To William Thornton
Mount Vernon Mar. 14. 1799
As the season for transplanting Trees is passing away, and this business cannot be much longer delayed with propriety, or safety to the Plants, I embrace the going up of Colo. Lear to the City, to send you the scaley bark hiccory trees promised you sometime since. They are from the large Nut grown in Gloucester County, of this State.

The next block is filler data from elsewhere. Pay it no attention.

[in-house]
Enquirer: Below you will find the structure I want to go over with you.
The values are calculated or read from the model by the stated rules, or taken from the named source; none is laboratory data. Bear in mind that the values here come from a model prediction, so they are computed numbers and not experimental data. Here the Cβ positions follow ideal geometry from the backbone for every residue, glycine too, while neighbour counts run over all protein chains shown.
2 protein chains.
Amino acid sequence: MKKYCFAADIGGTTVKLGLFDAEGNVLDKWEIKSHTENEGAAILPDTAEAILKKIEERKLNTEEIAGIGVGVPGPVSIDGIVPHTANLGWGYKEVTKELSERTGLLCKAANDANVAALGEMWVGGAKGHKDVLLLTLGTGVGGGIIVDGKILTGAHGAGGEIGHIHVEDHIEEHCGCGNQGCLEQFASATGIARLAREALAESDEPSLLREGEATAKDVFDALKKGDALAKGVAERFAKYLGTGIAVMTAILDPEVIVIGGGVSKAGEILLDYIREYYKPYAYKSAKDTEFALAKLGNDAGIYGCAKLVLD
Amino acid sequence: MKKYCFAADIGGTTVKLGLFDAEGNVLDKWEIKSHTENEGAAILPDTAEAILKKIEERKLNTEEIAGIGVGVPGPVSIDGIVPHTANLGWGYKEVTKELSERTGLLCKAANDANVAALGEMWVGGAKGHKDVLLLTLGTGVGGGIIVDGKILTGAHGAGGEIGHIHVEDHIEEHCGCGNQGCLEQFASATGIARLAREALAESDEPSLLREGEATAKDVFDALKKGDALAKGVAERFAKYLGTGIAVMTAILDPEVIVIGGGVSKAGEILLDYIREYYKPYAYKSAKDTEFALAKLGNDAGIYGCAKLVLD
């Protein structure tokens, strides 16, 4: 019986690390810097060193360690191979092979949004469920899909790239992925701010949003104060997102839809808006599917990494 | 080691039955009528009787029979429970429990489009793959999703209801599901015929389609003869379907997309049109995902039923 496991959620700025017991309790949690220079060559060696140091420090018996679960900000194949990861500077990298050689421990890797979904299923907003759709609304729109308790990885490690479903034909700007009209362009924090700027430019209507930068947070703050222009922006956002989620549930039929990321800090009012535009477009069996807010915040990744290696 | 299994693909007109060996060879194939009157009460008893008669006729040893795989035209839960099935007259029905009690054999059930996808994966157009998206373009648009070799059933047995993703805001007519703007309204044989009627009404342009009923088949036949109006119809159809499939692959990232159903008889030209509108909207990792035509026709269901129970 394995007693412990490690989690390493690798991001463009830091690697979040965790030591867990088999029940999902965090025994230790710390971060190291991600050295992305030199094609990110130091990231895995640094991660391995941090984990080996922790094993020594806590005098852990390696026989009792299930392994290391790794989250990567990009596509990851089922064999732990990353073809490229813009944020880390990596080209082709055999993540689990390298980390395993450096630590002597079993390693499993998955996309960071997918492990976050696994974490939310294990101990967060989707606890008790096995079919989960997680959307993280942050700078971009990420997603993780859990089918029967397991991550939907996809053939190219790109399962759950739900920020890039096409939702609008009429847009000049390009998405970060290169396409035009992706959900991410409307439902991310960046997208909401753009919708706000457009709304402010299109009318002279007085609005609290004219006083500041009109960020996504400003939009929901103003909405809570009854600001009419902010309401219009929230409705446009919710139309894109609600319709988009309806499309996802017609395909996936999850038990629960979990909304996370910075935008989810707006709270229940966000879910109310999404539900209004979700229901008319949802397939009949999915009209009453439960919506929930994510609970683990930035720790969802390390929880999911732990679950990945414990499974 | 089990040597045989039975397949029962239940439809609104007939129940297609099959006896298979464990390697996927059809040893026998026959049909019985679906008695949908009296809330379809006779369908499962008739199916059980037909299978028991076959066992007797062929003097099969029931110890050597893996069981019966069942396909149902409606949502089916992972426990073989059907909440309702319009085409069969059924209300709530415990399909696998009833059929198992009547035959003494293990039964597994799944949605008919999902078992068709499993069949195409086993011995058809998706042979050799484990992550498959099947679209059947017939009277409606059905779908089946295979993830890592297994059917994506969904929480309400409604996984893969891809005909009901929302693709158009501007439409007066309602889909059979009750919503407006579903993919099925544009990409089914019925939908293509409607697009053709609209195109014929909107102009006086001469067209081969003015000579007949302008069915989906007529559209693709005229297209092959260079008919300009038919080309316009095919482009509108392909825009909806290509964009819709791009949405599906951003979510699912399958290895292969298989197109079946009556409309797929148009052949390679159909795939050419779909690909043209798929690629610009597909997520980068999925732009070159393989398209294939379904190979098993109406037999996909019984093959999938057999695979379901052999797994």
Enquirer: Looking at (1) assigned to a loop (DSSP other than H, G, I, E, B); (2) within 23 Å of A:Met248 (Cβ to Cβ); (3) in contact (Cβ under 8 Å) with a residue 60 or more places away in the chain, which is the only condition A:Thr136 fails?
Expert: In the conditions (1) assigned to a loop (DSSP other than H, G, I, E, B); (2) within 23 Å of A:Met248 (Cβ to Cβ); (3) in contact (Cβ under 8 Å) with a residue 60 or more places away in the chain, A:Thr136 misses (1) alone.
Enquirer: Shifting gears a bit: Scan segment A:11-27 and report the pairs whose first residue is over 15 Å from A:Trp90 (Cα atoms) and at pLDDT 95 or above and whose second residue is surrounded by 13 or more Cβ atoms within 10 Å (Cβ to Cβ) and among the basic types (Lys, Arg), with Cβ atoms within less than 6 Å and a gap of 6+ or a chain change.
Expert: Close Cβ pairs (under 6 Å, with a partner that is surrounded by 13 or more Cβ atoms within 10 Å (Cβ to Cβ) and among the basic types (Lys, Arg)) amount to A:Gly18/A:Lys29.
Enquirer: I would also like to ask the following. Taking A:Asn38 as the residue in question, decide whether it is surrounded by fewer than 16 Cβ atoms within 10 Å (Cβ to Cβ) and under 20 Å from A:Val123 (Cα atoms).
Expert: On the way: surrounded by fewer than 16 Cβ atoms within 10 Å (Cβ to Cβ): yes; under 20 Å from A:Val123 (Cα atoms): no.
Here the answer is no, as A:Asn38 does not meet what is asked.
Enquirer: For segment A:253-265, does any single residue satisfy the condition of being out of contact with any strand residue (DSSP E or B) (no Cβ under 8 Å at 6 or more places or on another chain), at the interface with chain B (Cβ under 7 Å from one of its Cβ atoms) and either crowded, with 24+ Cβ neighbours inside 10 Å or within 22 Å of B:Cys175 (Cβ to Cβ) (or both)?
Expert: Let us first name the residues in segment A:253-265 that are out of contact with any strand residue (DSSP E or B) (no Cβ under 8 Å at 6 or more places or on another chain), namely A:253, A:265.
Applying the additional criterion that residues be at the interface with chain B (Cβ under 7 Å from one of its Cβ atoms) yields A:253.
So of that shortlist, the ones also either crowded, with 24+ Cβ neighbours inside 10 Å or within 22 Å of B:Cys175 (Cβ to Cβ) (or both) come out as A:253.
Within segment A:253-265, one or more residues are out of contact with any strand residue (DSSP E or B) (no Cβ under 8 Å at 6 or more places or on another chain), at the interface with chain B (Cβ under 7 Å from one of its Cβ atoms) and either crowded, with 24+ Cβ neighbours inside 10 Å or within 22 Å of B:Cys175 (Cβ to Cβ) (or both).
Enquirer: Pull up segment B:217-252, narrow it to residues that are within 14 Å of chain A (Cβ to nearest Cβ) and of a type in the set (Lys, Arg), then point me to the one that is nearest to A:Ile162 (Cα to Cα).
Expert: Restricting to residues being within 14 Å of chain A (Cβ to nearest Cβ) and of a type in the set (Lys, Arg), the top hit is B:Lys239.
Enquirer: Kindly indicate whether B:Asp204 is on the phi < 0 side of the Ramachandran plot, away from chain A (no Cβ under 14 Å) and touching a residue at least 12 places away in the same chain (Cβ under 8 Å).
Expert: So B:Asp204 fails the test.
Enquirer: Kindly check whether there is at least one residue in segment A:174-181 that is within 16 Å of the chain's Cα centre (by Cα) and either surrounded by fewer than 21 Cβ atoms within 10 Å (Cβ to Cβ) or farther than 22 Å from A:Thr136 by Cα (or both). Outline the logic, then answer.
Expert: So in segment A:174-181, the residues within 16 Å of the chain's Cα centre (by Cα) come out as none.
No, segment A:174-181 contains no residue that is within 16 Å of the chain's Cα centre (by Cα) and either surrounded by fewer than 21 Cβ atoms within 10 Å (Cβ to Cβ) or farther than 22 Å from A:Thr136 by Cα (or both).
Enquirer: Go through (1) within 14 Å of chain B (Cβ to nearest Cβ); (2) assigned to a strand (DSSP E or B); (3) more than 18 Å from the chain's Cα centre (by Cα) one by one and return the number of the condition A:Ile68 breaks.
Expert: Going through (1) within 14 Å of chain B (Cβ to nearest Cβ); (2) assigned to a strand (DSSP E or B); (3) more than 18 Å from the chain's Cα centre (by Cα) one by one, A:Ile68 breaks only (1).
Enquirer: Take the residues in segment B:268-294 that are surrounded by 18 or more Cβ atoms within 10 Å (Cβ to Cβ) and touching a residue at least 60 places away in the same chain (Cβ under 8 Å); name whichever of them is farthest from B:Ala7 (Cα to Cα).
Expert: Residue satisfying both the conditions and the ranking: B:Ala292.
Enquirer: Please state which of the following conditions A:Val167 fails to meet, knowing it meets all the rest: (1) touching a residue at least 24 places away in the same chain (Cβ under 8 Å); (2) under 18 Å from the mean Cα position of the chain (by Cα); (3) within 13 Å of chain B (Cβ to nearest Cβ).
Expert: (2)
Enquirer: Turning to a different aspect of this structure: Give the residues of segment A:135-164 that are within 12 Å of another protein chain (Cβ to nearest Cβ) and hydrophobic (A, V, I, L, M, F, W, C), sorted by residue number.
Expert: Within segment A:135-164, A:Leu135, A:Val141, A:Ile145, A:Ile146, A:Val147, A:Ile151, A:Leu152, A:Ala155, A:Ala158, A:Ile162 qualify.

I put such of the Spanish Chesnut as I could save last Autumn, in the Earth, to be planted this Spring. If they vegitate & come up, you shall partake. It is best I believe not to disturb them at this time.
Your favour of the 14th Ulto, enclosing the quantity of Glass wanted for my houses in the City, and the Boston prices thereof, came safe; for which I thank you; and shall endeavour to be provided in time.1 With complimts to Mrs Thornton—I remain with esteem & regard Dear Sir Your Most Obedt Servant
ALS, DLC: Thornton Papers. The letter was sent “By Colo. Lear.”